Recent progress in two- and threedimensional ceramic microstructures can be considered to be the result of the growing opportunities offered for miniaturised systems by the successful implementation of functional materials and technologies. Today, the use of thick-film technology combined with other ceramic technologies and functional materials has become attractive for the production of various applications from simple functional structures, for example, bending actuators or piezoresistors, to more complex systems, such as integrated sensors, micro-fluidic systems, voltage converters, transducers, etc. Thick films processed printing technology

by

The use of the appropriate thermal treatment allows the co-firing of the functional films together with the electrical contacts and even the processing of three-dimensional selfstanding structures. In the frame of this project the processing of functional materials is studied with the aim to integrate functional thick-film layers into two- and three-dimensional ceramic microstructures. For this purpose the lead-based piezoelectric, ferroelectric and relaxor materials are prepared in the thick film and bulk ceramic forms, such as Pb(Zr,Ti)O3 (PZT), Pb(Mg0.33Nb0.66)O3 (PMN), Pb(Mg0.33Nb0.66)O3–PbTiO3 (PMN–PT), Pb(Sc0.5Nb0.5)O3 (PSN) and Pb(Sc0.5Nb0.5)O3–PbTiO3 (PSN–PT). In figure 1.10 the microstructure of PMN– PT thick film is shown.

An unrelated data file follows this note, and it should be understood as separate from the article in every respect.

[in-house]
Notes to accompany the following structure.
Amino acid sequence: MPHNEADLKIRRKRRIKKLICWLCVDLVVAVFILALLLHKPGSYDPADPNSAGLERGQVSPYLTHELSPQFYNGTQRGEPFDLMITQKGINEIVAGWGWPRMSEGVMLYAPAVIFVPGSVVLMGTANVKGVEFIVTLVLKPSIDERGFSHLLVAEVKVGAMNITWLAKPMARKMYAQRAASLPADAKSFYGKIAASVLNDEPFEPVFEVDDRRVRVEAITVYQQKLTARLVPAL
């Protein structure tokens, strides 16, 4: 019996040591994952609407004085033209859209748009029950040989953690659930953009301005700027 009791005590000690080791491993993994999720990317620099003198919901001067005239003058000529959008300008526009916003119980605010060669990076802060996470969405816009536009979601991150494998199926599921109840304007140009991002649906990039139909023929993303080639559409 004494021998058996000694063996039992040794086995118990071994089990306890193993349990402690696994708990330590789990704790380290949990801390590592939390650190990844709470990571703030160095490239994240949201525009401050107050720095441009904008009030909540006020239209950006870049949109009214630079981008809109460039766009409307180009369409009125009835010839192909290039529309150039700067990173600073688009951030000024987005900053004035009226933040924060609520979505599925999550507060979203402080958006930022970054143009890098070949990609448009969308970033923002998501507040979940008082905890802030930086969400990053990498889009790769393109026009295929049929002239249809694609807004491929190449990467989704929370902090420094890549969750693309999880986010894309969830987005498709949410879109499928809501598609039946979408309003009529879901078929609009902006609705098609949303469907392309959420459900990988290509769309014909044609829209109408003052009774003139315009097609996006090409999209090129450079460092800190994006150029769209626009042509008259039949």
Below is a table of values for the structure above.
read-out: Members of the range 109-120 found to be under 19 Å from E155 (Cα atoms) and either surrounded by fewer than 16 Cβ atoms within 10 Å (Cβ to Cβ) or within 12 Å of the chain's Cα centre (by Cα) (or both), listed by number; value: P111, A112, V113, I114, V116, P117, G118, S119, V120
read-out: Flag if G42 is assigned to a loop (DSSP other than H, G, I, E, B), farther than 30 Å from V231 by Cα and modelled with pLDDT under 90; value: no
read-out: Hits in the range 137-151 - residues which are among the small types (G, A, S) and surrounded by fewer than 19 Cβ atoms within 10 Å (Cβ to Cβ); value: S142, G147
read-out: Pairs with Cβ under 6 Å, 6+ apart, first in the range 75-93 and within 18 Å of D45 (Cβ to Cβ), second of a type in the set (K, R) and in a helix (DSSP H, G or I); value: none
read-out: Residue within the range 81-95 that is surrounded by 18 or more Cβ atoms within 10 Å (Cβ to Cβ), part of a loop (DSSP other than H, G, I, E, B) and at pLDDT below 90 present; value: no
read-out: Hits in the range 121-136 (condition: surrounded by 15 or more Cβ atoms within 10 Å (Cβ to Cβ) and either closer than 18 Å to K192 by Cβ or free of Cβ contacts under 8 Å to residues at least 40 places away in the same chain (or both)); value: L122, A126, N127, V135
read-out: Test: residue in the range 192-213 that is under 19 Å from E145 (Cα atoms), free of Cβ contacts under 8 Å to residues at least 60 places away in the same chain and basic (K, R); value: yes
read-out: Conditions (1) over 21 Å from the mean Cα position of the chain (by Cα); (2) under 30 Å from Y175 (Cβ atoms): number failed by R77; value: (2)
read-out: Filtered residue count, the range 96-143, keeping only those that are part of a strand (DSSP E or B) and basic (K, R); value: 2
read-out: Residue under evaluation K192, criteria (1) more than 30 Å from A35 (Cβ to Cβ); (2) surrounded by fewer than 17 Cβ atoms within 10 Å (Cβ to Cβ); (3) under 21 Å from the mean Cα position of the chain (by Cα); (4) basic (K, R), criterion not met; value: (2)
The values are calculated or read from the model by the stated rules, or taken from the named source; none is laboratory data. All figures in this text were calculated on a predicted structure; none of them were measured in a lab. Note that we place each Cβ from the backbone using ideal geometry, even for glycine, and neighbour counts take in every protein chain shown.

screen

The important advantage of the conventional thick-film technology is in the successive deposition of several layers, which makes feasible thicker piezoelectric films (up to 100 m thick) and functional multilayer structures. The technology typically entails the deposition of several successive functional layers onto an electrically insulating substrate by screen-printing. Figure 1.9 shows schematically the screen-printing procedure. It is a relatively simple and convenient method for producing films with thicknesses of a few micrometres up to a few tens of micrometres.